At the interbank foreign exchange, the rupee opened marginally higher at 72.05 against the US dollar.
Mumbai: The Indian rupee depreciated 15 paise in early trade on Thursday tracking weak macroeconomic data, rising crude prices and negative cues from global markets.
At the interbank foreign exchange, the rupee opened marginally higher at 72.05 against the US dollar, before turning negative and dropping 15 paise to 72.24 against its previous close.
On Wednesday, the local unit crashed 62 paise to hit an over two-month low of 72.09 to the US dollar as poor macro data and lingering worries over US-China trade war weighed on sentiment.
Overall market sentiment remains weak on account of weak macro numbers and negative global cues, forex traders said.
Retail price based consumer inflation spiked to 16-month high of 4.62 per cent in October on costlier food items, reducing the headroom for a rate cut by the RBI in its monetary policy due next month.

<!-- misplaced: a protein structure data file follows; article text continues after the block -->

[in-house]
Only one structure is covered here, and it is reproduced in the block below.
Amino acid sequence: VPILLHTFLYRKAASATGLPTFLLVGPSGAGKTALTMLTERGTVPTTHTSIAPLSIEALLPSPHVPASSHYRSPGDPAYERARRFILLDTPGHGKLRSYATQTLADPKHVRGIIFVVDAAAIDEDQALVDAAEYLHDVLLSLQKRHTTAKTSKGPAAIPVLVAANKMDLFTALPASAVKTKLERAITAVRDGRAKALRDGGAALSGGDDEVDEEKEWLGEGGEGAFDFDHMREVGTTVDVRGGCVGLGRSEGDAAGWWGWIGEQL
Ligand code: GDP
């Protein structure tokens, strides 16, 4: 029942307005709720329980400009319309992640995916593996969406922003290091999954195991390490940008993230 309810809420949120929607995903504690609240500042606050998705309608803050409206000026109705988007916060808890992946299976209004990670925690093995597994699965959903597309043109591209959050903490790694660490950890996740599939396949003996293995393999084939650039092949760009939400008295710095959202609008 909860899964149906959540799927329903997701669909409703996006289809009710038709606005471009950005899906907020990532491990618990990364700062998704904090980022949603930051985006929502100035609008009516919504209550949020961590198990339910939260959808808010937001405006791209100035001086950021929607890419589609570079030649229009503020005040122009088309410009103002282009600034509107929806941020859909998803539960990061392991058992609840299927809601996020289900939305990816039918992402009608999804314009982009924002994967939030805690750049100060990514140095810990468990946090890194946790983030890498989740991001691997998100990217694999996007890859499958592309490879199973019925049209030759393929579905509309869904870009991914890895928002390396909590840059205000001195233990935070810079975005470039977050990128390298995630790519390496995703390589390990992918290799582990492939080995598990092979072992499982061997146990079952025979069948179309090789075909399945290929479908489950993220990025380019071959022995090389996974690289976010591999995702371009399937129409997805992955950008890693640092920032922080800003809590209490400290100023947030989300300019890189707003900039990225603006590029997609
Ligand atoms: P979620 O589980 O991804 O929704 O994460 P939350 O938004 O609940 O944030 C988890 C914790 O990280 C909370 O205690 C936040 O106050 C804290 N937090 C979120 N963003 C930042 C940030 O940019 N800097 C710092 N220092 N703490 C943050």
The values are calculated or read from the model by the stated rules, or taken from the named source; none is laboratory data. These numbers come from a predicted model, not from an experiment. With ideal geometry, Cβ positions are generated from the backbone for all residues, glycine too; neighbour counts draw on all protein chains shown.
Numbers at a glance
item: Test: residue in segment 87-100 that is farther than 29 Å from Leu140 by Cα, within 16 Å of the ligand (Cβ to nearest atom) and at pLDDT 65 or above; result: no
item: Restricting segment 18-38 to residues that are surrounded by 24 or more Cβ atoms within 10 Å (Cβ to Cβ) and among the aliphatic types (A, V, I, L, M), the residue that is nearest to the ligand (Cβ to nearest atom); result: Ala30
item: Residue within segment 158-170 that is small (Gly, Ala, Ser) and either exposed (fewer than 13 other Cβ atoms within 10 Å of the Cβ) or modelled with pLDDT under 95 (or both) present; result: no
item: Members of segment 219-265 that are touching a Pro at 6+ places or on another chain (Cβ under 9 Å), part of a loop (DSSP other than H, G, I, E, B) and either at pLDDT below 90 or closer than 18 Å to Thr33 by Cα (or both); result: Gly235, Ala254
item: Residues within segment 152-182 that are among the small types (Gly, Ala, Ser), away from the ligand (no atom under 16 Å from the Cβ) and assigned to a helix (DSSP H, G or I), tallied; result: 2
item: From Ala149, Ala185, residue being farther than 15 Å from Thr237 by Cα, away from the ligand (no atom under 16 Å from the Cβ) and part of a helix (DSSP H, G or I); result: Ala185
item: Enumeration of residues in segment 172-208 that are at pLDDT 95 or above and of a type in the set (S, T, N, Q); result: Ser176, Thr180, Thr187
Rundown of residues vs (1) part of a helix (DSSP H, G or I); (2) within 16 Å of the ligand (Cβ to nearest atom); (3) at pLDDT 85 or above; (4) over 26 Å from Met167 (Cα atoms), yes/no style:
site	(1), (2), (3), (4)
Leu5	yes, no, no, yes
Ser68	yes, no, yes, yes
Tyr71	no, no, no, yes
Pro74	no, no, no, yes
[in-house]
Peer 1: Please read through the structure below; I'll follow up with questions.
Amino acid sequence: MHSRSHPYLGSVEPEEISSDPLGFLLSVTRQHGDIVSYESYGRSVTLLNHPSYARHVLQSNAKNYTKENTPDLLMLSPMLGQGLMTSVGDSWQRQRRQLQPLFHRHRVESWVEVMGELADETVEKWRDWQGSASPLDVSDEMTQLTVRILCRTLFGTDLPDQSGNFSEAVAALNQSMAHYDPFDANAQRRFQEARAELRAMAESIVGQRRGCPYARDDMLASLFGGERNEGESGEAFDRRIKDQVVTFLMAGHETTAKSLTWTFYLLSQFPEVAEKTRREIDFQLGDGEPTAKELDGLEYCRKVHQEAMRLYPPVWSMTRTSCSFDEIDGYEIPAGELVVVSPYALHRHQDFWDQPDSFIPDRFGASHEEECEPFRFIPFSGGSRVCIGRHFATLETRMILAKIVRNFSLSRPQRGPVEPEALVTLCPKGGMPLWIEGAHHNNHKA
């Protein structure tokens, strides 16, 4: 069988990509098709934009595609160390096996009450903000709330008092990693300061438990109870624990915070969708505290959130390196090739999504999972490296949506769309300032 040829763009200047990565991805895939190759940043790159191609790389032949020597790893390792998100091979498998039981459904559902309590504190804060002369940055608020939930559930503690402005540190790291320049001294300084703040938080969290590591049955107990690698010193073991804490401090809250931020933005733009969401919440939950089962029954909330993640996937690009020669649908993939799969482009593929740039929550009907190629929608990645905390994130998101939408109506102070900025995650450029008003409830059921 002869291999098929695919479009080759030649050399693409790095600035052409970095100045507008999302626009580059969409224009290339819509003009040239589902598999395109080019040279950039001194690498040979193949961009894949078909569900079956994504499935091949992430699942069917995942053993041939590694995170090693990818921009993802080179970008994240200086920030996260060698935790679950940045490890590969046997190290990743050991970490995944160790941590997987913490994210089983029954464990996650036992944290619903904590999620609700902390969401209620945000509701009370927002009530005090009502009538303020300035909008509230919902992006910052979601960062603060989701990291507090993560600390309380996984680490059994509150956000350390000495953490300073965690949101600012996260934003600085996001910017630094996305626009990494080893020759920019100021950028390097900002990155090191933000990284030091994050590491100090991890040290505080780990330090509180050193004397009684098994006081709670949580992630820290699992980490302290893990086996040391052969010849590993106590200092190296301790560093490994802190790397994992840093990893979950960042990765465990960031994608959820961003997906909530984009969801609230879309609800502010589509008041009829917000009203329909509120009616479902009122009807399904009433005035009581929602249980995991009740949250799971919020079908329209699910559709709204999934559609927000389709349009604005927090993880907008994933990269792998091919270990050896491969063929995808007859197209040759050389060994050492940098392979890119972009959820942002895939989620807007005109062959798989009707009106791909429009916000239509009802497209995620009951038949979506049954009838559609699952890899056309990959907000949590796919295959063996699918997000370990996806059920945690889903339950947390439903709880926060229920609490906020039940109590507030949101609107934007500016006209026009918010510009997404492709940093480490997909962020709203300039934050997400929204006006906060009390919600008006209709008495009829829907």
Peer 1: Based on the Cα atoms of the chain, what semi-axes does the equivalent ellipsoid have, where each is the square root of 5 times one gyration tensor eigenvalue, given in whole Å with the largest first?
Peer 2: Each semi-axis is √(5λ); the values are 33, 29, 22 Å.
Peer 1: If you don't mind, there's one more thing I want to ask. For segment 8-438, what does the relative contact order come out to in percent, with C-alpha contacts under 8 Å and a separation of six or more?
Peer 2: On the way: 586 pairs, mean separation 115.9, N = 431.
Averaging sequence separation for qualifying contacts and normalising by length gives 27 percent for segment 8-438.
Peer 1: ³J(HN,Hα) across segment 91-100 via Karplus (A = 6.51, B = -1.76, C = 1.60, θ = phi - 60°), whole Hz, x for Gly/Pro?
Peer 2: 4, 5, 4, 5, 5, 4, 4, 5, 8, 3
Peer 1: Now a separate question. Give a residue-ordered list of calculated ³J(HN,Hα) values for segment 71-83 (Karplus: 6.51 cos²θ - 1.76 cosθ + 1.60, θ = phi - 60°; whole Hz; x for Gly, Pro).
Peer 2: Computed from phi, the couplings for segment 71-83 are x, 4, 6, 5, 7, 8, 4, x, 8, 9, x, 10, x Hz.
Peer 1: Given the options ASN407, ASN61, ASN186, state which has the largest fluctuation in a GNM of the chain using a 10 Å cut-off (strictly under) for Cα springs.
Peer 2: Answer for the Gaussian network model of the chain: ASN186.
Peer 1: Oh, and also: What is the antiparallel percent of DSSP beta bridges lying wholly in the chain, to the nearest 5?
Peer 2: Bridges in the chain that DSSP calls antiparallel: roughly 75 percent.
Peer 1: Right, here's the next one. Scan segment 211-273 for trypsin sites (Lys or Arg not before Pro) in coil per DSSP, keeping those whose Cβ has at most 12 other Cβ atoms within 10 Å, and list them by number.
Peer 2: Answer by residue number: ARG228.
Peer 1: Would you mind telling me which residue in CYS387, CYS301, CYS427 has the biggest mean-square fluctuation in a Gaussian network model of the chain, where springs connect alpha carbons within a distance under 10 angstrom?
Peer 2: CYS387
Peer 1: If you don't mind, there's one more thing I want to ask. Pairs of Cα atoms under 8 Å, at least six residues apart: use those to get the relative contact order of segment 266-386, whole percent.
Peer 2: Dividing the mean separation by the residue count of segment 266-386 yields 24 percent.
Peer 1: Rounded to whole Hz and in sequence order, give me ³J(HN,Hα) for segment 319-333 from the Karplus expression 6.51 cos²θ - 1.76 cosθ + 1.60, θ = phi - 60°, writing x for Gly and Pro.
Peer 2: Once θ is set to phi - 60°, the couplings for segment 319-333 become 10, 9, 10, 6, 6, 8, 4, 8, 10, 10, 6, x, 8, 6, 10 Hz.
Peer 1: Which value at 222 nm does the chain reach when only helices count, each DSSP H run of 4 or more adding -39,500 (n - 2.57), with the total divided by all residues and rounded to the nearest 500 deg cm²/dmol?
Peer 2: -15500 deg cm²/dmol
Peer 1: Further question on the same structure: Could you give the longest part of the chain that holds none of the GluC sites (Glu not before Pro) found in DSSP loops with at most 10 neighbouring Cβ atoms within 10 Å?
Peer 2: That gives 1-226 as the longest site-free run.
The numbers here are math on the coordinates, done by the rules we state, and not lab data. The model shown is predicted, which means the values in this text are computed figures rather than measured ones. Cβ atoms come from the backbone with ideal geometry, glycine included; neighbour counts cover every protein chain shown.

The inflation in the food basket spiked to 7.89 per cent in October 2019 as against 5.11 per cent the preceding month, showed the data released by the Central Statistics Office under the Ministry of Statistics and Programme Implementation on Wednesday.
On the global front, Federal Reserve chief Jerome Powell the US economy is likely to continue to grow, but faces continued risks from the global slowdown and trade disputes, which have already dampened expansion.
Also, China's industrial output grew much slower than expected in October, as its trade war with the US weighed its overall economy.
Meanwhile, domestic bourses opened a tad higher on Thursday with benchmark indices Sensex trading 41.37 points, or 0.10 per cent, up at 40,157.43; and Nifty rising 6.35 points, or 0.05 per cent, at 11,846.80.
Foreign institutional investors purchased shares worth Rs 584.92 crore on Wednesday, according to provisional exchange data.
The dollar index, which gauges the greenback's strength against a basket of six currencies, slipped 0.02 per cent to 98.35.
Crude oil benchmark, Brent futures, rose 0.42 per cent to USD 62.63 per barrel. The 10-year government bond yield was at 6.53 per cent in morning trade.